Footballers, politicians and friends have reacted to the news that Hakeem Al-Araibi is set to walk free.
Australia is celebrating the news that refugee footballer Hakeem Al-Araibi is coming home.
On Monday, the Thai attorney-general's office confirmed the extradition case against Mr Al-Araibi had been dropped and he would be free to return to Australia.
Former Socceroo Craig Foster, who championed the fight to bring the footballer back to Australia, told SBS News "it's stunning, it's very emotional".
"Speaking to all the people involved, who have worked so hard over this time to try and save his life, it's an incredible feeling," he said.
"Once he touches down in Melbourne, that's when I think everyone will be just incredibly elated."
Foster, who is also an SBS host, is expected to fly to Melbourne to meet the 25-year-old when he touches down.
Lou Tona, the chairman of Mr Al-Araibi's football club Pascoe Vale, said the past few months had been an "unbelievable ride".
"We're very excited about Hakeem coming home, now we're waiting for him to touch down on the tarmac in Melbourne. We just want to see him back here," he said.
"It's been so fatiguing, it's been so difficult to comprehend what is going on for him.
"I'm sure he's going to be very thankful when he comes back. What we've managed to achieve, everyone, the whole football community and Australia has been unbelievable."
In a tweet, Football Victoria thanked those who got behind Mr Al-Araibi, saying "the Victorian football community was united as one to help raise awareness and advance the campaign to #SaveHakeem".
Fatima Yazbek of the Gulf Institute for Democracy and Human Rights, who had tirelessly campaigned for Mr Al-Araibi, told SBS News she was "speechless".
"There are no words which can describe our feelings at the moment," she said.
Ms Yazbek said she had talked to Mr Al-Araibi's family, after word of his impending release emerged.
"They were very happy, they were very grateful, there were so many tears in the call, so many laughs in the call, contradicting emotions," she said.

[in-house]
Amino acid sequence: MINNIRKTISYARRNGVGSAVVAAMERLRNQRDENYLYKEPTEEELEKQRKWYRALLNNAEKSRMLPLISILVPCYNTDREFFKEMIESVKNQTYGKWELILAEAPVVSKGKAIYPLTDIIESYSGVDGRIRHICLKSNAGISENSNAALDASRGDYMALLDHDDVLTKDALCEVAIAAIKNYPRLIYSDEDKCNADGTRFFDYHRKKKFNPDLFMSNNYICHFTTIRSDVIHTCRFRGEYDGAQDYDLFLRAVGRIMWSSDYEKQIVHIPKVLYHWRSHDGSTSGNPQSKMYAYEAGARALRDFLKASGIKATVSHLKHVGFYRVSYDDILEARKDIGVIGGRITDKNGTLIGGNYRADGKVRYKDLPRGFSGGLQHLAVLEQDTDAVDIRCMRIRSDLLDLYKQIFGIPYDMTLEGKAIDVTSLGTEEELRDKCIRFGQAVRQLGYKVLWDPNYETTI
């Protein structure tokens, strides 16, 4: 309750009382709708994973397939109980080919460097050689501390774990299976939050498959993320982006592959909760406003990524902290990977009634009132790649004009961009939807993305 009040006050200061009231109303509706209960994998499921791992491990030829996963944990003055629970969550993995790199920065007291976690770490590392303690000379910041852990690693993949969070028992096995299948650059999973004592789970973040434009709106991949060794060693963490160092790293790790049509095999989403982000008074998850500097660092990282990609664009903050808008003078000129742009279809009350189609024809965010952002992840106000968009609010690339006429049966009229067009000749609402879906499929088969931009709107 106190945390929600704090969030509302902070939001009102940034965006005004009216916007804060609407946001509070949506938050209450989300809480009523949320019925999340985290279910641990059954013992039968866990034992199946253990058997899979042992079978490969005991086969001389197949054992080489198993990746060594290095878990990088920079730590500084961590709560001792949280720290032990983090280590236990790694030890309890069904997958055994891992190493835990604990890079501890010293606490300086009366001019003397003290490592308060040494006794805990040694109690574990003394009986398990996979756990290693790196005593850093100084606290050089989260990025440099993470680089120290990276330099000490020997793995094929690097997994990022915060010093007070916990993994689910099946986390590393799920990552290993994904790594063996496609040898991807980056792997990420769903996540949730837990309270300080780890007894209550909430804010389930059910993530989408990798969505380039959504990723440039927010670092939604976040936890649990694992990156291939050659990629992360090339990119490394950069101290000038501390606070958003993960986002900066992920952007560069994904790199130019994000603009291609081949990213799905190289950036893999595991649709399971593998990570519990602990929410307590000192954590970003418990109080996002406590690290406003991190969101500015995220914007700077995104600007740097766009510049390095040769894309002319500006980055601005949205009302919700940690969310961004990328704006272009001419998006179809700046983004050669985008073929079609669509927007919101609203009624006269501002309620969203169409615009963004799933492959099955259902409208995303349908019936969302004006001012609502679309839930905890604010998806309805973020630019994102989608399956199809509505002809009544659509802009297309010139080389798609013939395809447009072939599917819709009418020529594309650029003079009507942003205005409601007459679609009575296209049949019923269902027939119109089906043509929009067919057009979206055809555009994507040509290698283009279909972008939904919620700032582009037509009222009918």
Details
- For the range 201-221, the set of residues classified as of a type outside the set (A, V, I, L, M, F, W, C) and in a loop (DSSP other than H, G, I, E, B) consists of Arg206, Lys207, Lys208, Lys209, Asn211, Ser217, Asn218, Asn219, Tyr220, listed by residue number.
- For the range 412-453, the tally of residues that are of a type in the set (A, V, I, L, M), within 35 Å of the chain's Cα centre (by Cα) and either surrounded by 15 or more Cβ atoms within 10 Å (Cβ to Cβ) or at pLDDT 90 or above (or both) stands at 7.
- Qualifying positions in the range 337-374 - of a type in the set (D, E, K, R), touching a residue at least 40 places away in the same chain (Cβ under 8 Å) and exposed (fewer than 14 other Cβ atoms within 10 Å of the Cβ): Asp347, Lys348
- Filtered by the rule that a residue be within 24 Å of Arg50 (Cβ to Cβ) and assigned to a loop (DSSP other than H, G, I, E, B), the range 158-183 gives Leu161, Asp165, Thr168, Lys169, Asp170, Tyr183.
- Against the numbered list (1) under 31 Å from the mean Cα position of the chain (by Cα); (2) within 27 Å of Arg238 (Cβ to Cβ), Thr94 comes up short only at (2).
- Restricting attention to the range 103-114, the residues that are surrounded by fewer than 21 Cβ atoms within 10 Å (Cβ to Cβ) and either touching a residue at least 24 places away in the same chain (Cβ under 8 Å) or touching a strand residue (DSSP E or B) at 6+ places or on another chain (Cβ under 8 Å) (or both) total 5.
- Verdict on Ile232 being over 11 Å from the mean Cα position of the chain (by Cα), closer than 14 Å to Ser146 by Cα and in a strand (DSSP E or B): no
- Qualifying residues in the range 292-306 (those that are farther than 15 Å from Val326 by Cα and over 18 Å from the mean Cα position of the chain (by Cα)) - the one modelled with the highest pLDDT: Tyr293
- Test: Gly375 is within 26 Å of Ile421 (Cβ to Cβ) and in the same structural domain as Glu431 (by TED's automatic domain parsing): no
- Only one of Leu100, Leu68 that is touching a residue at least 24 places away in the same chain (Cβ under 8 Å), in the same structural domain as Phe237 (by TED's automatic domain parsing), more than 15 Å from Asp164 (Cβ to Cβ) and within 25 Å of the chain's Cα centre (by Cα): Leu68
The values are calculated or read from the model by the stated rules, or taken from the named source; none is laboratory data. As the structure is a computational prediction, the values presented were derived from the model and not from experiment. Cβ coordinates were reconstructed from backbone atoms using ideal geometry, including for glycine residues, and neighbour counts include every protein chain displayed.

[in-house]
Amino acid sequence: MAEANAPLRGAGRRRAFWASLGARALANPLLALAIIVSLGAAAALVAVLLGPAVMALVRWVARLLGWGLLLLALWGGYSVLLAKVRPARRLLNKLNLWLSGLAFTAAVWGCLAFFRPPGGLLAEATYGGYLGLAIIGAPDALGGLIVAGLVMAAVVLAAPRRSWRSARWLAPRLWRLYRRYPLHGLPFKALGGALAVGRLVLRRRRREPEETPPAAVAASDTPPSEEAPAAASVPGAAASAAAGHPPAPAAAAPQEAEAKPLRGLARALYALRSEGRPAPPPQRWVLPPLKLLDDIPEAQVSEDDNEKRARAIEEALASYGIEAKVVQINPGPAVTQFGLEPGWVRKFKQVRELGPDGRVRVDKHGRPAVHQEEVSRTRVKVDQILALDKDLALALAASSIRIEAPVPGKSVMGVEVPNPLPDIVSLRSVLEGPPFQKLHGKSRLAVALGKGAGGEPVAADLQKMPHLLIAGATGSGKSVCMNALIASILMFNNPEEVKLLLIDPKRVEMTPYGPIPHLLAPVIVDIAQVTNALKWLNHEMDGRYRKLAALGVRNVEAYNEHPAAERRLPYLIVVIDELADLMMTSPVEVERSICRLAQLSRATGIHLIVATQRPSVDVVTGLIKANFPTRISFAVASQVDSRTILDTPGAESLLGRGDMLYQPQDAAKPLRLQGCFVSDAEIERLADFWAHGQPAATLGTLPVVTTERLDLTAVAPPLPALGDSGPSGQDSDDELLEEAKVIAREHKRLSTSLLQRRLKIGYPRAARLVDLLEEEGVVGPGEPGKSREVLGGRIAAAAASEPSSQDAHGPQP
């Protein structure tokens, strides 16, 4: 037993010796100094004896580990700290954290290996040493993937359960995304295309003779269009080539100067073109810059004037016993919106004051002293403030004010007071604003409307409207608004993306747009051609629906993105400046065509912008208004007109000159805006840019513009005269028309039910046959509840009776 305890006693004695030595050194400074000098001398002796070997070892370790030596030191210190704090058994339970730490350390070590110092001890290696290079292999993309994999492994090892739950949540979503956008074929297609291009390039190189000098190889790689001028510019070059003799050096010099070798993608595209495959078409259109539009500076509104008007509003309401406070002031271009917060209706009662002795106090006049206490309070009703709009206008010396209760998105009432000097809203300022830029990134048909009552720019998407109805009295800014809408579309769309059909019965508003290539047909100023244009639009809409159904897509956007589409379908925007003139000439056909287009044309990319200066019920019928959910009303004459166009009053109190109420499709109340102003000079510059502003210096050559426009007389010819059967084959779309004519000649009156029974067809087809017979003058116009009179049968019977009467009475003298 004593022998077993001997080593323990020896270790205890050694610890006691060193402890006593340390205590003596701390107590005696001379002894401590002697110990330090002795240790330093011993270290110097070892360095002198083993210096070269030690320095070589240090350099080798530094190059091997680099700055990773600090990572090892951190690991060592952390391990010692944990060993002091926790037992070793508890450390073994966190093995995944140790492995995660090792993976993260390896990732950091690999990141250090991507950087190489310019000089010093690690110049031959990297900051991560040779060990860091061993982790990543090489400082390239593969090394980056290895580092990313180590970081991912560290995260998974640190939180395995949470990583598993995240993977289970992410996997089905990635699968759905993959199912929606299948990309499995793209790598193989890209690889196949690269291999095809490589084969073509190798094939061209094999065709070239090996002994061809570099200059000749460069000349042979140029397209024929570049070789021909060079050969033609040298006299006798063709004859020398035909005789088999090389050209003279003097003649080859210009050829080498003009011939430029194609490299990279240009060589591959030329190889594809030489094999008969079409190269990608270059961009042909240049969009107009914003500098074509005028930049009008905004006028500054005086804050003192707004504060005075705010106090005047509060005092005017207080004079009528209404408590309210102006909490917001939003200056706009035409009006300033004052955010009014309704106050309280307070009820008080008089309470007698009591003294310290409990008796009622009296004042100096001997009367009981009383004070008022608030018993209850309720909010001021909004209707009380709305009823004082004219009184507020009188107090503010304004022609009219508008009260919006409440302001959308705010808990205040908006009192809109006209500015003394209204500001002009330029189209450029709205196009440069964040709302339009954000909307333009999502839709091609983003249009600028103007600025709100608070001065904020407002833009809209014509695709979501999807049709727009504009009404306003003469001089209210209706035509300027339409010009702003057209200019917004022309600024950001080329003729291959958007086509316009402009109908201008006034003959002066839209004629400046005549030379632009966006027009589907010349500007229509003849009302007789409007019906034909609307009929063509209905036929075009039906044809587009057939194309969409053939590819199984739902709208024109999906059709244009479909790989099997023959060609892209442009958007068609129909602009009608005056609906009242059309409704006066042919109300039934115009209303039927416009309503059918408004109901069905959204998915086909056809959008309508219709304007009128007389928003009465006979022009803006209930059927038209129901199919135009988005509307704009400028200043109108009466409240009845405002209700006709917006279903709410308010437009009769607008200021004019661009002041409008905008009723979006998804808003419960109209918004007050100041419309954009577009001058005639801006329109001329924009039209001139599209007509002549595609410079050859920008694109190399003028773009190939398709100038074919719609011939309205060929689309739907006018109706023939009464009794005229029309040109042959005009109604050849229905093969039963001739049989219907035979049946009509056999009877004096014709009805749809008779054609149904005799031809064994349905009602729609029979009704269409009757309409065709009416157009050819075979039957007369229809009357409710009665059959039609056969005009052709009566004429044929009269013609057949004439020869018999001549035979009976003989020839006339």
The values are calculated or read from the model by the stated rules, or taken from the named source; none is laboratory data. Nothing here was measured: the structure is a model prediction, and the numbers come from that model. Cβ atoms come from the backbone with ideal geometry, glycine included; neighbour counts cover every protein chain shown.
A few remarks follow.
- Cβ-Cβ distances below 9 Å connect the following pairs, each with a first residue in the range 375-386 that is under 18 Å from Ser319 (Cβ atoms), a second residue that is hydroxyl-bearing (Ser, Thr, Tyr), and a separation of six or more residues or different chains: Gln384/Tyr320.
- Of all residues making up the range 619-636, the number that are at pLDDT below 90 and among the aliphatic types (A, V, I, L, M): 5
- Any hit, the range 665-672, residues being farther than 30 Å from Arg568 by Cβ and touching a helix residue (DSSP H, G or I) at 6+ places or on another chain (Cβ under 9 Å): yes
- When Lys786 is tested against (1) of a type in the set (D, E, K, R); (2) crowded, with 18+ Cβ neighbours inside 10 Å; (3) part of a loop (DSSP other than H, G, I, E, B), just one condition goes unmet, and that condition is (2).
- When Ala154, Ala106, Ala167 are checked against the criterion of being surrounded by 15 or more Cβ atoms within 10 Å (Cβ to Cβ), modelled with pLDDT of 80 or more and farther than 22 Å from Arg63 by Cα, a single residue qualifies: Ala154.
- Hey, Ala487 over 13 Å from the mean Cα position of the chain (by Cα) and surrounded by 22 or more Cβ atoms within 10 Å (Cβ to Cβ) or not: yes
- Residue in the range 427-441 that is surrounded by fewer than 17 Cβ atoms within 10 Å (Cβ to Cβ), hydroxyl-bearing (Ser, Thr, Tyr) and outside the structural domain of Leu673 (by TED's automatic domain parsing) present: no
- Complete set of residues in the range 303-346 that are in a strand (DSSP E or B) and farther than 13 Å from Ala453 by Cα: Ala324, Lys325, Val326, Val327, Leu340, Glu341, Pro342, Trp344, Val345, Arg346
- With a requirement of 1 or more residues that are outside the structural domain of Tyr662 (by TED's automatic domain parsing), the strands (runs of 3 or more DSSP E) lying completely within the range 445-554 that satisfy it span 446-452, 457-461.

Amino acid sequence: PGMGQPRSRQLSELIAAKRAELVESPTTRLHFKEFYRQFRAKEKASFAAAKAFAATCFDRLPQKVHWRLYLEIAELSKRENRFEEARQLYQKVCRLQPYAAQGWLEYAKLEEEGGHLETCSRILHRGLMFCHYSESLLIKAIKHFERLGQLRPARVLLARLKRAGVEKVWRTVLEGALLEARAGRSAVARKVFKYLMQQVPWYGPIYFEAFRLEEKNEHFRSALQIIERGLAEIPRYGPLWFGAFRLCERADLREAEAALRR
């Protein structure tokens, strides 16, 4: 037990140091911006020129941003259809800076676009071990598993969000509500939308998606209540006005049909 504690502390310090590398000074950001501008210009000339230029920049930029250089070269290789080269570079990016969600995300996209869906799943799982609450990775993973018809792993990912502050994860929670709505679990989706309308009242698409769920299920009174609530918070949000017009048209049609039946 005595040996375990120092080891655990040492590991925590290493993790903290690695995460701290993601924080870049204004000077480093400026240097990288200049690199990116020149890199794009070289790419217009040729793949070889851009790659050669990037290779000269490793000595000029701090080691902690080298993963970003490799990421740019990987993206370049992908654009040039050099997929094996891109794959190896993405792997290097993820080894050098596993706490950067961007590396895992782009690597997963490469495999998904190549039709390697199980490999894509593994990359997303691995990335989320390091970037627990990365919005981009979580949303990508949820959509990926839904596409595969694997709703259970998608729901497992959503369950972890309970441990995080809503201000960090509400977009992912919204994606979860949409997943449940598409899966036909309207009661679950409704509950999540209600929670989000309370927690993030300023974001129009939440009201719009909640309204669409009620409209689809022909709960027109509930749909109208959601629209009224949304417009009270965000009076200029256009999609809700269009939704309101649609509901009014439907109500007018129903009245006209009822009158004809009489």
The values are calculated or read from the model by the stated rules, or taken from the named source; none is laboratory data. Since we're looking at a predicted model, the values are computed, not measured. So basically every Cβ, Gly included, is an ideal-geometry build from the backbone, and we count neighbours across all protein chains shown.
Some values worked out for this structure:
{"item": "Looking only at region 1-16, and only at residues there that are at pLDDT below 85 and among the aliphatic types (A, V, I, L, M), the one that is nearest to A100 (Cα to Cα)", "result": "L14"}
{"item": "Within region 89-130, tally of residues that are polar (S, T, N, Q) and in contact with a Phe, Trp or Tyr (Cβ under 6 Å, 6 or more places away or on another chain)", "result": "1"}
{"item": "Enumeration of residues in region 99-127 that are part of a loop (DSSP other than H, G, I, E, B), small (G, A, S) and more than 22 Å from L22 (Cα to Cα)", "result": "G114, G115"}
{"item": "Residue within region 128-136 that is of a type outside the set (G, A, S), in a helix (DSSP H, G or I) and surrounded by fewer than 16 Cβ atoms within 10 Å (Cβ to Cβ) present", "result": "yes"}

Political world reacts
In a joint press conference, Minister for Foreign Affairs Marise Payne and Prime Minister Scott Morrison welcomed the news.
"It was a complex process ... but we now have an outcome for Hakeem. For him and his many supporters, that's the most important thing," Ms Payne, who had previously traveled to Thailand and raised the case with her Thai counterpart, said.
While Mr Morrison said, "we look forward to seeing you back home, Hakeem".
"What we'd like to do tonight, is to thank and show our appreciation to the Thai government for the decision they've taken today," he said.
"We greatly respect the process they have had to work through and greatly appreciate them listening to the issues by our government and many others who have raised this case."
Opposition Leader Bill Shorten tweeted it was "the right decision".
"Looking forward to seeing you back with your family and joining Pascoe Vale FC on the field," he said.
"Thank you to the Thai authorities for understanding our concerns and the Thai court for respecting Hakeem's right to return to Australia."
Former Race Discrimination Commissioner Tim Soutphommasane called it "amazing news".
"Kudos to everyone who has spoken up to #SaveHakeem - most of all, the indefatigable Craig Foster. So happy for Hakeem and his family," he tweeted.
The court decision
Earlier Monday, the director of the Thai attorney-general's international affairs section Chatchom Akapin said Bahrain had requested the case be dropped.
He said the extradition case against Mr Al-Araibi, who was wanted by Bahrain over the vandalising of a police station in 2012, was dropped by the Criminal Court on Monday afternoon.
Chatchom told BBC Thai they were informed by the Foreign Ministry that Bahrain wanted to drop the case, but he did not know the reason why.
He said the decision was made under Section 21 of the Prosecution Act which allows for cases to be dropped if they are not in the public interest.
Months behind bars
Mr Al-Araibi was detained at Bangkok airport on November 27 when he arrived in Thailand for his honeymoon with his wife.
The arrest was made after Bahrain issued an Interpol Red Notice for his detention on November 7.
Australia came under fire for passing on the notice to Thai authorities before his arrival.
Mr Al-Araibi had been held at the Bangkok Remand Prison for two months after Bahrain said it would proceed with the extradition.
He denies the charges and says he was playing in a televised match when the police station attack took place.